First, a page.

Apomorphine continuous stimulation in Parkinson's disease: receptor desensitization as a possible mechanism of reduced motor response

J Neural Transm Suppl. 1995;45:133-6.


Apomorphine is a potent nonselective agonist at D1 and D2 dopamine receptors. The utility of apomorphine in Parkinson's disease (PD) is well asserted but its clinical use is reduced because of its short half-life and numerous side-effects. The disabling "on-off" fluctuations are among the most frequent and troublesome complications of chronic levodopa therapy in PD. Apomorphine is effective to reverse refractory L-dopa induced "off" periods, but a reduced motor response after repeated administrations has also been described with this drug. The loss of response to apomorphine, when the drug is administered repeatedly, is well fitted by the processes of receptor phosphorylation and down regulation. Elucidation of the molecular bases of dopaminergic receptors desensitization may lead to a better understanding of the mechanisms of dopaminergic regulation, and to a more appropriate treatment of PD.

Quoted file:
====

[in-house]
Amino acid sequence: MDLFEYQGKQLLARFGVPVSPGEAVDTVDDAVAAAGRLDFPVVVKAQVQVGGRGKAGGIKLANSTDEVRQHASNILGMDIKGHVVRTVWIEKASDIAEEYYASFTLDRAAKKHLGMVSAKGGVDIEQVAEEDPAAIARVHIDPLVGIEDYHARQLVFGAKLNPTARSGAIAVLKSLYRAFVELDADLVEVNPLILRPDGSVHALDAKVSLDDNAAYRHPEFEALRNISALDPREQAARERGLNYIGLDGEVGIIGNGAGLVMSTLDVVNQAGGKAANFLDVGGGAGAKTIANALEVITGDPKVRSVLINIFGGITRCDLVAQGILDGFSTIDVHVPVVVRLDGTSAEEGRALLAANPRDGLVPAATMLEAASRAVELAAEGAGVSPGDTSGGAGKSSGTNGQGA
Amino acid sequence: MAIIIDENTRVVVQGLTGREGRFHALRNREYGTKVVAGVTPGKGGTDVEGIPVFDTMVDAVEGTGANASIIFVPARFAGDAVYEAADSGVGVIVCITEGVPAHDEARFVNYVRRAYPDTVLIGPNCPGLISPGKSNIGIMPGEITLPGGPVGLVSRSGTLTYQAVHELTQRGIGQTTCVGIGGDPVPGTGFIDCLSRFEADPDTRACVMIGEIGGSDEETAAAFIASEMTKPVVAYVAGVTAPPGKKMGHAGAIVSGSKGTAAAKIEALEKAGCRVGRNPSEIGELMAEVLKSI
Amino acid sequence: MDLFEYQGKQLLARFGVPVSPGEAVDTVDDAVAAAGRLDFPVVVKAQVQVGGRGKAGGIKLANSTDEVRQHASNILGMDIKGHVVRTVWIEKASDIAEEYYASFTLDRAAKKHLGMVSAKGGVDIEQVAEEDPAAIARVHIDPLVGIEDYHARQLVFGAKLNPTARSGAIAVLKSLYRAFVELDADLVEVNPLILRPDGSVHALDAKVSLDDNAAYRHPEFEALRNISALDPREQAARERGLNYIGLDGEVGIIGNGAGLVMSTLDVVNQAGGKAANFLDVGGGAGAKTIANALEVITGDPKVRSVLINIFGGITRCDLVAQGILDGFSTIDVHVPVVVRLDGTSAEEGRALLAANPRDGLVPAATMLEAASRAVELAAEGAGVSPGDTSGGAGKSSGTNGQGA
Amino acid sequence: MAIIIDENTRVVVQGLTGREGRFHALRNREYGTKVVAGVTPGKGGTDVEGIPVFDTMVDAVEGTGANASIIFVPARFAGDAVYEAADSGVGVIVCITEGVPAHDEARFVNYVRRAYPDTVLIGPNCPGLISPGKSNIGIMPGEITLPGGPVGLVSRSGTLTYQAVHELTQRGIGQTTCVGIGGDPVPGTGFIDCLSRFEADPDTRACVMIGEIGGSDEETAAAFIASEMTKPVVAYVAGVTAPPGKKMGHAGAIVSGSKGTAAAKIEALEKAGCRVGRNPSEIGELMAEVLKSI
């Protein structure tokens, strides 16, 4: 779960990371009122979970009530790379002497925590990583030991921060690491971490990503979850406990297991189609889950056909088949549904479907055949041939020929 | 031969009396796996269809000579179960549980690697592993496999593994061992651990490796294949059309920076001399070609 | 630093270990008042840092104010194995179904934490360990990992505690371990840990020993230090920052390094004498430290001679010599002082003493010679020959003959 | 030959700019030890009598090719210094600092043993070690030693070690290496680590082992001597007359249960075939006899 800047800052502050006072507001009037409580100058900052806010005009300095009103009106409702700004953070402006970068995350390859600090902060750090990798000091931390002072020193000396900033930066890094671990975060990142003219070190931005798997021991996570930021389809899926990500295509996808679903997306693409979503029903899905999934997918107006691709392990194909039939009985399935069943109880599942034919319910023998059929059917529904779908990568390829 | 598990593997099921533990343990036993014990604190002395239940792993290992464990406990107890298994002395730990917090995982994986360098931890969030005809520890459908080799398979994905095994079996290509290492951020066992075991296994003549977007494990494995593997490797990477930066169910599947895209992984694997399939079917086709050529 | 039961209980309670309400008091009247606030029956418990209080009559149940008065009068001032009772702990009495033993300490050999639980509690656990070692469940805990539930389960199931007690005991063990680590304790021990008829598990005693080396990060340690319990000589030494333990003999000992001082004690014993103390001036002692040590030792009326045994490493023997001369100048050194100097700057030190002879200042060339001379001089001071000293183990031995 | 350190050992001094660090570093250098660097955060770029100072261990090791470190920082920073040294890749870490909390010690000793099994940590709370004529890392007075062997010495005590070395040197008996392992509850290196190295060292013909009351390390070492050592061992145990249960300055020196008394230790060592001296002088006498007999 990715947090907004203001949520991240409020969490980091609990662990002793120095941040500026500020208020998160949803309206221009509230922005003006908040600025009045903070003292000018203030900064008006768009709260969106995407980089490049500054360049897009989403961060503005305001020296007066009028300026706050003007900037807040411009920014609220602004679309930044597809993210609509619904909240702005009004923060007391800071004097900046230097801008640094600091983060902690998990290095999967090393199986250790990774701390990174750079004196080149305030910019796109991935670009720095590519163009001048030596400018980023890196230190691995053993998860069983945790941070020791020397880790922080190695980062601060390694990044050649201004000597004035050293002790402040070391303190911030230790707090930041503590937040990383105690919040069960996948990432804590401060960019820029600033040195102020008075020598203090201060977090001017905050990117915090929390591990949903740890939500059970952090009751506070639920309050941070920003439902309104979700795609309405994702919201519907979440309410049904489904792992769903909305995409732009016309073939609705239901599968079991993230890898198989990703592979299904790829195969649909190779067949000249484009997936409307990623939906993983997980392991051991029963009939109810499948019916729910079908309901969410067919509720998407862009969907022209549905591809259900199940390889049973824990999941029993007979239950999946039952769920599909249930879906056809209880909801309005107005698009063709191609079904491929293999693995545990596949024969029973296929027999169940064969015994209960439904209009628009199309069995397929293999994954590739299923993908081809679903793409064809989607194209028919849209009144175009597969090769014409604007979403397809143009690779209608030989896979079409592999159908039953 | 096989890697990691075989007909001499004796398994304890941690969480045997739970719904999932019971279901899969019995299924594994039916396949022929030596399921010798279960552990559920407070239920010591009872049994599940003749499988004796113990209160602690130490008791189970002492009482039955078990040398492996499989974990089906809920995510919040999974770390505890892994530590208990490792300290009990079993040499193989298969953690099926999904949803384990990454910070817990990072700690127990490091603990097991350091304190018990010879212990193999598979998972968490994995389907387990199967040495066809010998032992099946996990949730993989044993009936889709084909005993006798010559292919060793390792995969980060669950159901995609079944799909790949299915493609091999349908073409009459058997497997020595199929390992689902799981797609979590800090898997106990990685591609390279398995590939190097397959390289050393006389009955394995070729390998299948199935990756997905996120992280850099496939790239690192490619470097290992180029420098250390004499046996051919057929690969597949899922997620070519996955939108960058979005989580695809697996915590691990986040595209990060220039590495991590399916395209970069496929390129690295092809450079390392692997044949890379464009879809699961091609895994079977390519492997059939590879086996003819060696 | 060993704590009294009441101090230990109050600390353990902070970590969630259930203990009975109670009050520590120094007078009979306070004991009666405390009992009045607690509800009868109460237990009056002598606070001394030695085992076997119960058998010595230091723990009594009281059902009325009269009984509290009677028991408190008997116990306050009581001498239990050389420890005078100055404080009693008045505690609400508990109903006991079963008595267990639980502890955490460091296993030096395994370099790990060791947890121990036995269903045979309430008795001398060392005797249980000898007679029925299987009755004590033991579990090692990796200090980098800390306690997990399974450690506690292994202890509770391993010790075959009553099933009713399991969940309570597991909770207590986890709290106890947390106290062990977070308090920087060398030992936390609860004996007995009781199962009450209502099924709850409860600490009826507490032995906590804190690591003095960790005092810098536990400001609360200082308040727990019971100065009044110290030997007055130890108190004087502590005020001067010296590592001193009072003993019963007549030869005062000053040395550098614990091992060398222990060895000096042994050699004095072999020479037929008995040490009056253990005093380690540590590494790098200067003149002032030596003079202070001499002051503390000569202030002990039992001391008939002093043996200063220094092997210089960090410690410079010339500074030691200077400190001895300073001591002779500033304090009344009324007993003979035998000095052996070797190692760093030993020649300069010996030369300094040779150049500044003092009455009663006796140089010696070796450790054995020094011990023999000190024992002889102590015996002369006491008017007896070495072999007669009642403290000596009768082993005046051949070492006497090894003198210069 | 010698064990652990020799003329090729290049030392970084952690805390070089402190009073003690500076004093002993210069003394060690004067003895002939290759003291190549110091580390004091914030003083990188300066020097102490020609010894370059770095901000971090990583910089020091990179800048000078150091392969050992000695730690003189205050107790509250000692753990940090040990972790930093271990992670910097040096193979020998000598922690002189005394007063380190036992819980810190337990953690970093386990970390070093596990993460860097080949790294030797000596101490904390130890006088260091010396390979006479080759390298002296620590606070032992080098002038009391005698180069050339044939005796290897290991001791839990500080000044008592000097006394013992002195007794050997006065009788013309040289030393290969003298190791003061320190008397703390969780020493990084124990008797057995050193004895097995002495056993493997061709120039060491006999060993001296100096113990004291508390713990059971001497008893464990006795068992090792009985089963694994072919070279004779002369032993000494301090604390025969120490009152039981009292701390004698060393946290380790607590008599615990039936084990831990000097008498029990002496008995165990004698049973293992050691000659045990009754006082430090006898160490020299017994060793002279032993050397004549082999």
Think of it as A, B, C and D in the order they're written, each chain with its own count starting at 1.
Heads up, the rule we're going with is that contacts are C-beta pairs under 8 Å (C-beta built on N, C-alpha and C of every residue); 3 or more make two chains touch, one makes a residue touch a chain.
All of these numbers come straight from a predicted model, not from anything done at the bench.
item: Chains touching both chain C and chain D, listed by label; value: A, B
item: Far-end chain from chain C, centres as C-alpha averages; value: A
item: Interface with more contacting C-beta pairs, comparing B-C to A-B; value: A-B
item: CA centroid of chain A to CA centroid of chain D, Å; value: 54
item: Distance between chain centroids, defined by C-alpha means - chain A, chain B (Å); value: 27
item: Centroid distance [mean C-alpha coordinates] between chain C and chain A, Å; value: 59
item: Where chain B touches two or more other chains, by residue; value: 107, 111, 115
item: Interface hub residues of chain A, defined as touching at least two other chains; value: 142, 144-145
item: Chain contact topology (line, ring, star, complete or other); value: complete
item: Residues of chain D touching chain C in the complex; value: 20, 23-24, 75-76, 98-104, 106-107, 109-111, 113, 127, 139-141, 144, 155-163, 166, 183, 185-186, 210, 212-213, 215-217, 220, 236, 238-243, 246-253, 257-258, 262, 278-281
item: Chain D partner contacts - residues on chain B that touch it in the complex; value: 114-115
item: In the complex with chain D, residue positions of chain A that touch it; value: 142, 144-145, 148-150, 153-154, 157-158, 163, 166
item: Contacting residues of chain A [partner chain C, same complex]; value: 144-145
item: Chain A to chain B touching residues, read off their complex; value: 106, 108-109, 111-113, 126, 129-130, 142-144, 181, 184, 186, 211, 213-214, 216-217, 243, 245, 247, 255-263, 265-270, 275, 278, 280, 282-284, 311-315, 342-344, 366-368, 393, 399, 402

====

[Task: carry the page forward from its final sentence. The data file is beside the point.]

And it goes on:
Publication types

  • Research Support, Non-U.S. Gov't
  • Review

MeSH terms

  • Antiparkinson Agents / adverse effects
  • Antiparkinson Agents / metabolism
  • Antiparkinson Agents / pharmacology*
  • Apomorphine / adverse effects
  • Apomorphine / metabolism
  • Apomorphine / pharmacology*
  • Dopamine Agonists / adverse effects
  • Dopamine Agonists / metabolism
  • Dopamine Agonists / pharmacology*
  • Half-Life
  • Humans
  • Movement / drug effects*
  • Movement / physiology
  • Parkinson Disease / drug therapy*
  • Parkinson Disease / metabolism
  • Receptors, Dopamine / drug effects*
  • Receptors, Dopamine / physiology
  • Stimulation, Chemical


  • Antiparkinson Agents
  • Dopamine Agonists
  • Receptors, Dopamine
  • Apomorphine